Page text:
Bethnal Green and a new mural

Friday, 16 November, 2018

I seem to be having loads of Torino hints in front of me. That’s so odd.

Chocolate in the kosher shop, Clapton
Chocolate in the kosher shop, Clapton
Great range of Lavazza coffee in Sainsbury's, Dalston
Great range of Lavazza coffee in Sainsbury’s, Dalston
On Bethnal Green Road
On Bethnal Green Road
Shrine, so Italian, on April Street, Hackney
Shrine, so Italian, on April Street, Hackney

If I were superstitious…

I had bloodwork on Thursday morning. Once upon a time they told us the old doctor’s office would be renovated or built over with a new office but this never happened. The offices are in such a drab old building and the interior isn’t all that much different, but there’s a lot of new technology. Maybe one day they’ll rebuild it. Meanwhile, the phlebotomist is the nice one, and not the mean one, so that’s a very good thing!

Somerford Grove General Practice
Somerford Grove General Practice

Opposite the doctors is an imposing 30s style buildingOpposite the doctors is an imposing 30s style building[/caption>

My plan after that was to go to a pop up bakery, check out a new mural I’d seen on Instagram, and then meet Krish for lunch.
Continue reading “Bethnal Green and a new mural”

Padova – a short visit

Thursday, 11 October, 2018

We had decided that on our way back from Venice, we could go to Padova (Padua). It’s a fairly short commute from Venice and on the route back, anyway.

While doing a bit of research about whether we should choose Padova or Verona, I found out some pretty interesting facts about the city no one really knows all that much about (outside of Italy).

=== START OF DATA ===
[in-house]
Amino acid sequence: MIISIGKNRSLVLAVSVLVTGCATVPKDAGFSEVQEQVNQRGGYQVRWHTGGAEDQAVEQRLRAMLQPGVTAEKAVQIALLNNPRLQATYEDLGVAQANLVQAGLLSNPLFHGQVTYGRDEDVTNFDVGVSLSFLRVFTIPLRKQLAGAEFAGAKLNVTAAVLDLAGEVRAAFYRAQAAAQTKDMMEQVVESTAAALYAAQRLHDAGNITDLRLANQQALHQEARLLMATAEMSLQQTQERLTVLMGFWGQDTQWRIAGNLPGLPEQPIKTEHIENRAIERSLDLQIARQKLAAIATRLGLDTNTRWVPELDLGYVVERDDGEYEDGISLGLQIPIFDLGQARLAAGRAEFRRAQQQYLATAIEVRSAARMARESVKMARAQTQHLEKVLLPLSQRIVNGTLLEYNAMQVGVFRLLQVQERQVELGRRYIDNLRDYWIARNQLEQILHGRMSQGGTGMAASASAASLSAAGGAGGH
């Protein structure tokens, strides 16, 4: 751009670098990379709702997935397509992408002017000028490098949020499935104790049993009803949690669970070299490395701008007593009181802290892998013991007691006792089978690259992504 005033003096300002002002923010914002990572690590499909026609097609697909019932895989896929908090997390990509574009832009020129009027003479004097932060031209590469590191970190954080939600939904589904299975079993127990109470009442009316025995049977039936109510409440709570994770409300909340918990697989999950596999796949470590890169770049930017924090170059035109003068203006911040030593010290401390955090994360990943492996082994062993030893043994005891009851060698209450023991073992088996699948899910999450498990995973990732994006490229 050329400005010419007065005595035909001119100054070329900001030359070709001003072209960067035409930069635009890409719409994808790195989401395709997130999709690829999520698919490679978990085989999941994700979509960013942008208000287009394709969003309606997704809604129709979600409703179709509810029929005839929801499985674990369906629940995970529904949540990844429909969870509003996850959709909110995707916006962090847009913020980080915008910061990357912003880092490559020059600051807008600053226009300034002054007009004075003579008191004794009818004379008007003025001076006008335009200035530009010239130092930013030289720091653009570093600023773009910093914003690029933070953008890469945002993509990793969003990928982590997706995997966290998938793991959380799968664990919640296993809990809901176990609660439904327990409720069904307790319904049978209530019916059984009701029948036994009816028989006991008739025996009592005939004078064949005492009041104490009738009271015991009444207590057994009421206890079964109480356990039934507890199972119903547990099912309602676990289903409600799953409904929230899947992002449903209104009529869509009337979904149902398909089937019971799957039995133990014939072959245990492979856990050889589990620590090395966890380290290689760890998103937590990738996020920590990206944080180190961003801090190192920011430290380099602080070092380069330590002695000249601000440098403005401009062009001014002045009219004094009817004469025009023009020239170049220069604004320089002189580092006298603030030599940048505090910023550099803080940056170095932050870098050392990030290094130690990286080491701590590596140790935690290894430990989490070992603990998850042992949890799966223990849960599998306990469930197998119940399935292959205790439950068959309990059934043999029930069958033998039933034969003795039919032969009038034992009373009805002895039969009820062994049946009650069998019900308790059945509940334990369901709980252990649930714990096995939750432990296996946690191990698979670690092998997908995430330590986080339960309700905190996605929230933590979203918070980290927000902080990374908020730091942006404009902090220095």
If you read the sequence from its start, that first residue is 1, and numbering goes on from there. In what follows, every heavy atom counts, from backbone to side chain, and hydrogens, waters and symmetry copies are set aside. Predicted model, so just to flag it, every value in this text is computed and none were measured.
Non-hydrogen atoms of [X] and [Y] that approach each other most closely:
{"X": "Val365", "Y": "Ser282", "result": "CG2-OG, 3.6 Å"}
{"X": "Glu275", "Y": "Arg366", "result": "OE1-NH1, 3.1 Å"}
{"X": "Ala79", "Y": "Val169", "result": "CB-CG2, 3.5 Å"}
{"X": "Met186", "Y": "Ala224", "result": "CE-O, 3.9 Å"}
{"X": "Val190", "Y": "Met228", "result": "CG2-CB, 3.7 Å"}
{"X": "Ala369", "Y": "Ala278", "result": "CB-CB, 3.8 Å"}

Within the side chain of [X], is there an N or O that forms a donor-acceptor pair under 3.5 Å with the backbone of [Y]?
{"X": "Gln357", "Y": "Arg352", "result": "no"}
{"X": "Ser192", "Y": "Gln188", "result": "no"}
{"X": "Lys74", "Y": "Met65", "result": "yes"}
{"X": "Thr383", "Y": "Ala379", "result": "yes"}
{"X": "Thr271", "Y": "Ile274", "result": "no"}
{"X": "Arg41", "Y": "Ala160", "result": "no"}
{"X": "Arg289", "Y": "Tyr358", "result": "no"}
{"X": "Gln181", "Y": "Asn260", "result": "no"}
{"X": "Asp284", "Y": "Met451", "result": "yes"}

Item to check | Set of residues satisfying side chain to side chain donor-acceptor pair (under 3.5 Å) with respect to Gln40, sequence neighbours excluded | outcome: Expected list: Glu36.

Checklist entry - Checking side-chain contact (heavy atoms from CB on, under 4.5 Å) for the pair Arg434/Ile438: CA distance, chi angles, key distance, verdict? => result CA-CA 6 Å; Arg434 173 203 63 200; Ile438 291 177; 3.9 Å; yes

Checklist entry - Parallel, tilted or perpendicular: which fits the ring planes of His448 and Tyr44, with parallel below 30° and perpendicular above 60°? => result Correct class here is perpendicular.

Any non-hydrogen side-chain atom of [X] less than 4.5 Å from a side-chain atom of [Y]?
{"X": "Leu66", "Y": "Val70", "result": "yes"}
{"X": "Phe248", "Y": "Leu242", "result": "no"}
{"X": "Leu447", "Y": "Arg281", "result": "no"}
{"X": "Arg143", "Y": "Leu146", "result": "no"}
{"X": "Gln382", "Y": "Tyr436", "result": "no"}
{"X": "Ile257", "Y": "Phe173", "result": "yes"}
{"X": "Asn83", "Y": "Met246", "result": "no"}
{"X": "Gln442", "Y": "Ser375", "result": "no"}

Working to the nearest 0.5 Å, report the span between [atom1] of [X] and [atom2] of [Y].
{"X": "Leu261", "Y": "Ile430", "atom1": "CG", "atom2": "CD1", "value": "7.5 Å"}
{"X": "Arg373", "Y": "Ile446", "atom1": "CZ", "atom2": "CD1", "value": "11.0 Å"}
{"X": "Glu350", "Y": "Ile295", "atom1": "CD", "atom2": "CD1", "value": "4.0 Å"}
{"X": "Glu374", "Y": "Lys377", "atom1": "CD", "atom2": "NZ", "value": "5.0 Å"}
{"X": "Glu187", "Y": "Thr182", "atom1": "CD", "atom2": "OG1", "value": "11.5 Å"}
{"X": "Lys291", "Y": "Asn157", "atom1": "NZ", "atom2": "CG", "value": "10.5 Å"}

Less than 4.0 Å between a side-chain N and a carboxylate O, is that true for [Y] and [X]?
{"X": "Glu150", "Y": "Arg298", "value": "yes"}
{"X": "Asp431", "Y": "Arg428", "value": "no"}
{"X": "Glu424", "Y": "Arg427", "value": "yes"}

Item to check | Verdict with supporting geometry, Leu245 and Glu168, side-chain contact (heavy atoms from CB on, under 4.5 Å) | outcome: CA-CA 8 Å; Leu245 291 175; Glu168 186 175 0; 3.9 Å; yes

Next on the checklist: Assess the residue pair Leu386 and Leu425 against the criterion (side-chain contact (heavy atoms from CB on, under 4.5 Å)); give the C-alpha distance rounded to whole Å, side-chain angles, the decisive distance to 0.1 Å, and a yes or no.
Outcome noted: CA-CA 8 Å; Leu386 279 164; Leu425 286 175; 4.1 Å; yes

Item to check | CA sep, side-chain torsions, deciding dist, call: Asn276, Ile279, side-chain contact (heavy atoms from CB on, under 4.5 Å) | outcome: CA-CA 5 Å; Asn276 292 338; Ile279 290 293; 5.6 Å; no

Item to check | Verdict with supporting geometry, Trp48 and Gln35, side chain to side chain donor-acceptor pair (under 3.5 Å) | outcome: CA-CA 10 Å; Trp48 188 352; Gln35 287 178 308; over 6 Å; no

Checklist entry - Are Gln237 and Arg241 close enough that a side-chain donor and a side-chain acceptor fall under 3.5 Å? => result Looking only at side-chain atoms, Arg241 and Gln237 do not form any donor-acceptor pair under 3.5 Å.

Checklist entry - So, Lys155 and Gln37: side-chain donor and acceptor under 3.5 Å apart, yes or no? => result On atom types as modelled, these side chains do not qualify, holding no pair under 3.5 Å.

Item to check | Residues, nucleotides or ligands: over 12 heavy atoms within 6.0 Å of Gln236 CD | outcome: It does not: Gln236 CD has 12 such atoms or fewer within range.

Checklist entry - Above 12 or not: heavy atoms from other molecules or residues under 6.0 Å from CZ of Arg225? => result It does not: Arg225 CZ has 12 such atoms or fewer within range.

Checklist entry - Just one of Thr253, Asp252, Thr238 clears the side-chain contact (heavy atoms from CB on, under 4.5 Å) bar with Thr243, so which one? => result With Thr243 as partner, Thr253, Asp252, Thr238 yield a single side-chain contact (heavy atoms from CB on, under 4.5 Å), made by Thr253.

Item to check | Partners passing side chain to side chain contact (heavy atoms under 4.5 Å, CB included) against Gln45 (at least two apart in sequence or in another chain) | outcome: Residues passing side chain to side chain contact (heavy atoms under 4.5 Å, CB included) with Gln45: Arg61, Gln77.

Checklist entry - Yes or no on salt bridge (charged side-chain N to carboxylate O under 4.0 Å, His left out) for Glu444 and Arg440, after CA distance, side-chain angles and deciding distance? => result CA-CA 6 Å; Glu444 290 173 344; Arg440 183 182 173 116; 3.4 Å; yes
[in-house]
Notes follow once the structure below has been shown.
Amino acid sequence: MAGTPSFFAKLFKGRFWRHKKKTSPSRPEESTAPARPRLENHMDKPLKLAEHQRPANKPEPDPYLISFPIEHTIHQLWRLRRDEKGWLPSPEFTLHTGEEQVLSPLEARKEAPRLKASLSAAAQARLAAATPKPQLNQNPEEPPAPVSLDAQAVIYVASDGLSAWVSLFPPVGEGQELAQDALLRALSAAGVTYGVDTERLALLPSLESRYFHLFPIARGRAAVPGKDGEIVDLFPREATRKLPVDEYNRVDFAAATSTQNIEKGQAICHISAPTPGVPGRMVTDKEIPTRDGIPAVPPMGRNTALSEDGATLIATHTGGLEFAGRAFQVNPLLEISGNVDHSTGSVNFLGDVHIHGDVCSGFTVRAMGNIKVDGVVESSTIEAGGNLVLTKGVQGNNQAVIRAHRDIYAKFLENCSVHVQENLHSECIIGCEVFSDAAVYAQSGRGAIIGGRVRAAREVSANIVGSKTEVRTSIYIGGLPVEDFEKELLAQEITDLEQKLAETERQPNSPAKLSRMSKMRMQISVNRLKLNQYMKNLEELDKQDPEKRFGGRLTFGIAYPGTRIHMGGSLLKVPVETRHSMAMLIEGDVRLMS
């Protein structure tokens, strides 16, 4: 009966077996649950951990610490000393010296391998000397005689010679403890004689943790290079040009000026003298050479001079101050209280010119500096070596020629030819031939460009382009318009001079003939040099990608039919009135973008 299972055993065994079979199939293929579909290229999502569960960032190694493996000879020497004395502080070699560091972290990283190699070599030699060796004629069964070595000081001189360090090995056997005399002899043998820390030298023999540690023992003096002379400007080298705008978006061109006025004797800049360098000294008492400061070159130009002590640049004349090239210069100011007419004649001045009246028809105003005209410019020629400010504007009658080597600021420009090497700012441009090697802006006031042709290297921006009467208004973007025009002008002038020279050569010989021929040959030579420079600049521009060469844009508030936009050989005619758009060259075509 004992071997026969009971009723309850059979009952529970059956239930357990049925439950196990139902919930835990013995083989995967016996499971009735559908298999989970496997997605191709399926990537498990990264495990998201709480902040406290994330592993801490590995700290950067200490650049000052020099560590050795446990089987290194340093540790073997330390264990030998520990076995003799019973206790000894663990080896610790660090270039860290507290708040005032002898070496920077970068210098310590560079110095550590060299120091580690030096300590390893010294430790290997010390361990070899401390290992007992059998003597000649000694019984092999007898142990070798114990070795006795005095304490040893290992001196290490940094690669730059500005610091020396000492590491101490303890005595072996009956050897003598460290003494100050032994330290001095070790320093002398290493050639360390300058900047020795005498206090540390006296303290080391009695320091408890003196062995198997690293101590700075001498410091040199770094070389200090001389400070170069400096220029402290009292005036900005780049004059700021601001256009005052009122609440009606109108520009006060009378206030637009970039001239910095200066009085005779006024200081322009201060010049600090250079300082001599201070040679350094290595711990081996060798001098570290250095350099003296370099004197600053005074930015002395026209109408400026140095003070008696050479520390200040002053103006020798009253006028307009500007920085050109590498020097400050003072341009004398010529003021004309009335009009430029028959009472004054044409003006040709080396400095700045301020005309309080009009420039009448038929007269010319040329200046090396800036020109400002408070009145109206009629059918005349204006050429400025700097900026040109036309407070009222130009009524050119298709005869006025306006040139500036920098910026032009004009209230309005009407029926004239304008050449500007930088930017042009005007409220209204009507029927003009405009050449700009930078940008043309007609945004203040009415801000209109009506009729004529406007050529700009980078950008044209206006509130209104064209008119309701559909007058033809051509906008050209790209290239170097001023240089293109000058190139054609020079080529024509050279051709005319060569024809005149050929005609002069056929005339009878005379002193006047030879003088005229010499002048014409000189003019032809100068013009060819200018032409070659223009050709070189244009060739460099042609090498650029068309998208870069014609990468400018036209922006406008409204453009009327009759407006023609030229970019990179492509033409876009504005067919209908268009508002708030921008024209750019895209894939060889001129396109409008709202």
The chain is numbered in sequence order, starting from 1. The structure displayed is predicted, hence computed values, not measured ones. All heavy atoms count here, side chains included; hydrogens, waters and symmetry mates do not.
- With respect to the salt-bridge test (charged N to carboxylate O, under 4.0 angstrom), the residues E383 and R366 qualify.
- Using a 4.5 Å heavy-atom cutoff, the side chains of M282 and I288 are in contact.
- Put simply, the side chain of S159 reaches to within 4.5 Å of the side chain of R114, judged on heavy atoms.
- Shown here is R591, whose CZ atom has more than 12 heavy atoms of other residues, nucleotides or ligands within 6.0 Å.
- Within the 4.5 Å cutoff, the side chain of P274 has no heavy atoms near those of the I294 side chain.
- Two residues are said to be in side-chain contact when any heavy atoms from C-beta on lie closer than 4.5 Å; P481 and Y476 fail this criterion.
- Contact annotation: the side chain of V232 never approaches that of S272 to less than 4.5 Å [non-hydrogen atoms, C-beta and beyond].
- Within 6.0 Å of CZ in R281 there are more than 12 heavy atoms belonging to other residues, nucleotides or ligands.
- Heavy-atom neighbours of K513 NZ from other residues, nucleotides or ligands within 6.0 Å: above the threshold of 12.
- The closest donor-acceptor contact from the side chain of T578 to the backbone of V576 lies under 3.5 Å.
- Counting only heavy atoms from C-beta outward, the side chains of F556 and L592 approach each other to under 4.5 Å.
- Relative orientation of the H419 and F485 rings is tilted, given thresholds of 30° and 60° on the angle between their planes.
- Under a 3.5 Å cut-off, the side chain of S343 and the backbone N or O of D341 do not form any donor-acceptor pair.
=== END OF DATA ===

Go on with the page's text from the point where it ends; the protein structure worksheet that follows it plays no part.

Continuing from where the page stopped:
It’s a small city  with under a quarter of a million people. Padova claims to be the oldest city in northern Italy (1183) and still has a lot of its medieval walls. Its university was founded in 1222 and had as a lecturer, Galileo. While Verona is the setting for Romeo and Juliet, Padova boasts The Taming of the Shrew. (How much time did Shakespeare spend in this region, or was it just a place name that captured his attention? It’s not known but it’s likely he would never have left England.) Padova hosts the second (after Bologna) univeristy. Founded in 1222,  Galileo Galilei was a lecturer there and Copernicus studied medicine (the university was  one of the best-known centres of medical education in Europe).

When Padova was liberated from German occupation in 1945, Padova went from being one of the poorest places in Italy to becoming one of the richest and most active in modern Italy. It’s now considered part of the Venetian area, along with Treviso,

We took a train that was just like the Go train in Toronto – a fast and comfortable ride. Padova’s station, for such a small place, is really large with 11 platforms, none of which were quiet. It’s not clear to me why it’s so large but from here you can travel to Nice, Paris, Geneva, Lausanne, Bern, Basel, Zürich, Schaffhausen, Innsbruck, Munich and Vienna. Impressive!